Carnahan is shown as a purple triangle ▲ in our ideology-leadership chart below. Each dot was a member of the Senate in 2002 positioned according to our ideology score (left to right) and our leadership score (leaders are toward the top).
The chart is based on the bills Carnahan sponsored and cosponsored from Jan 7, 1997 to Nov 20, 2002. See full analysis methodology.
Carnahan was the primary sponsor of 1 bill that was enacted:
Does 1 not sound like a lot? Very few bills are ever enacted — most legislators sponsor only a handful that are signed into law. But there are other legislative activities that we don’t track that are also important, including offering amendments, committee work and oversight of the other branches, and constituent services.
We consider a bill enacted if one of the following is true: a) it is enacted itself, b) it has a companion bill in the other chamber (as identified by Congress) which was enacted, or c) if at least about half of its provisions were incorporated into bills that were enacted (as determined by an automated text analysis, applicable beginning with bills in the 110th Congress).
Carnahan sponsored bills primarily in these issue areas:
Government Operations and Politics (14%) Health (14%) Crime and Law Enforcement (14%) Families (14%) Economics and Public Finance (12%) Commerce (11%) Finance and Financial Sector (11%) Armed Forces and National Security (11%)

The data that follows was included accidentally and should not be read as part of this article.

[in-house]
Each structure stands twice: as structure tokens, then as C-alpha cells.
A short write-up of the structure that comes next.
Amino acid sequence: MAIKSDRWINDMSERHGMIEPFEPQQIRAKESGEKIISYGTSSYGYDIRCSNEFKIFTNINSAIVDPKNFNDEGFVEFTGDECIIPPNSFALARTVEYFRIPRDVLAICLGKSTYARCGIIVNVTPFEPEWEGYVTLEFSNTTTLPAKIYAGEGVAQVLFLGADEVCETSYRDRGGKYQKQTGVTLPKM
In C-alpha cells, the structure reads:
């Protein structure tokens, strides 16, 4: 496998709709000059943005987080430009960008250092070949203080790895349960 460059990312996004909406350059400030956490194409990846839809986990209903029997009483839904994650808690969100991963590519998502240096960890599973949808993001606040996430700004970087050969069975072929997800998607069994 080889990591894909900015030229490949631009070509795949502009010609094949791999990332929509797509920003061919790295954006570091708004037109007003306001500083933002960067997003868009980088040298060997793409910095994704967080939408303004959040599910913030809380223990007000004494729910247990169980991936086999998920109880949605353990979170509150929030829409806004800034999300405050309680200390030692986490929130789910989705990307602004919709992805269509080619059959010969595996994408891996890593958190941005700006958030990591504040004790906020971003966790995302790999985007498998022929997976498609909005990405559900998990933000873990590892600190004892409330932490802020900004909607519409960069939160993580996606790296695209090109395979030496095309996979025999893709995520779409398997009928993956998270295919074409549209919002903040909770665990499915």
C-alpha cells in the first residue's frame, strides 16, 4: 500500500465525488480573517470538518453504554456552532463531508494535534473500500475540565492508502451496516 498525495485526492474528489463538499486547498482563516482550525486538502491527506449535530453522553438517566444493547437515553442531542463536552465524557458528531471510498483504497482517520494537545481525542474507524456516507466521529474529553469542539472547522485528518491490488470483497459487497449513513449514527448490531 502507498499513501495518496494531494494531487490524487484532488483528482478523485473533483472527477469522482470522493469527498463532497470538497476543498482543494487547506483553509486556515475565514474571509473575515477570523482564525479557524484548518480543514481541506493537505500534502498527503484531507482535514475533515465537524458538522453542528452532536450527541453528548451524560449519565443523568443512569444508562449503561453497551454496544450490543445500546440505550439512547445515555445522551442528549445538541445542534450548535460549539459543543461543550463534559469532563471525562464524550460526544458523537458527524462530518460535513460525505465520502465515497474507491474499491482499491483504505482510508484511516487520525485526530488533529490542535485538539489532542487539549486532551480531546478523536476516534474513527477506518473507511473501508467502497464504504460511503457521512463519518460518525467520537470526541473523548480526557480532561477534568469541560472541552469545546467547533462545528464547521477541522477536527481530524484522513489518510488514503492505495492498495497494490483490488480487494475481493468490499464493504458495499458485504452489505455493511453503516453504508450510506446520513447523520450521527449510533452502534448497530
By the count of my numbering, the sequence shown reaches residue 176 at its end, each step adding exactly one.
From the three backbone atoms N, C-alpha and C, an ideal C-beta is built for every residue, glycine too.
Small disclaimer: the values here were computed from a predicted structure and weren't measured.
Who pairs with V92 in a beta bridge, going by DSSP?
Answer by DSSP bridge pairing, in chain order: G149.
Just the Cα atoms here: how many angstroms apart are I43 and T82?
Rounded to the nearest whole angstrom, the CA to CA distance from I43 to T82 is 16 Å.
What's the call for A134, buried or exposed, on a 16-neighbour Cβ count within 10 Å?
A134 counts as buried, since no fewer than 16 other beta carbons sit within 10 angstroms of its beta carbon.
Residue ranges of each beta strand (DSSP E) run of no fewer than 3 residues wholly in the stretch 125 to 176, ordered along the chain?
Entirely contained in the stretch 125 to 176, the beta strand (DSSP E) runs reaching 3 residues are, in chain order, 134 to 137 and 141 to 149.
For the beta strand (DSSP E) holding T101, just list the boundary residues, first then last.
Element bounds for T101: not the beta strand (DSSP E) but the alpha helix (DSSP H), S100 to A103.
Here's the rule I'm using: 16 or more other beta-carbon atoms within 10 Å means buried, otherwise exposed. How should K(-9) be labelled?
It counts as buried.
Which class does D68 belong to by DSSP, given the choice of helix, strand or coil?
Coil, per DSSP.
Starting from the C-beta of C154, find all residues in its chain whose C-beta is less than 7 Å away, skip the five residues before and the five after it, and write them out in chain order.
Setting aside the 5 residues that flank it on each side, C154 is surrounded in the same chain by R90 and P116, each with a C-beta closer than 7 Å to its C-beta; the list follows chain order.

Recently Introduced Bills
Carnahan recently introduced the following legislation:
- S. 2842 (107th): Senior Self-Sufficiency Act
- S. 2831 (107th): Airline Worker Relief Act of 2002
- S. 2820 (107th): A bill to increase the priority dollar amount for unsecured claims, and …
- S. 2783 (107th): Honor Our Heroes Act
- S. 2511 (107th): Child Obscenity and Pornography Prevention Act of 2002
- S. 2472 (107th): A bill for the relief of Rosemary Bichage.
- S. 2470 (107th): Global Nuclear Security Initiative Act of 2002
View All » | View Cosponsors »
Most legislation has no activity after being introduced.
From Jan 2001 to Nov 2002, Carnahan missed 10 of 633 roll call votes, which is 1.6%. This is on par with the median of 1.8% among the lifetime records of senators serving in Nov 2002. The chart below reports missed votes over time.
We don’t track why legislators miss votes, but it’s often due to medical absenses, major life events, and running for higher office.
|Time Period||Votes Eligible||Missed Votes||Percent||Percentile|
The information on this page is originally sourced from a variety of materials, including:
- unitedstates/congress-legislators, a community project gathering congressional information
- The House and Senate websites, for committee membership and voting records
- Congressional Pictorial Directory for the photo
- GovInfo.gov, for sponsored bills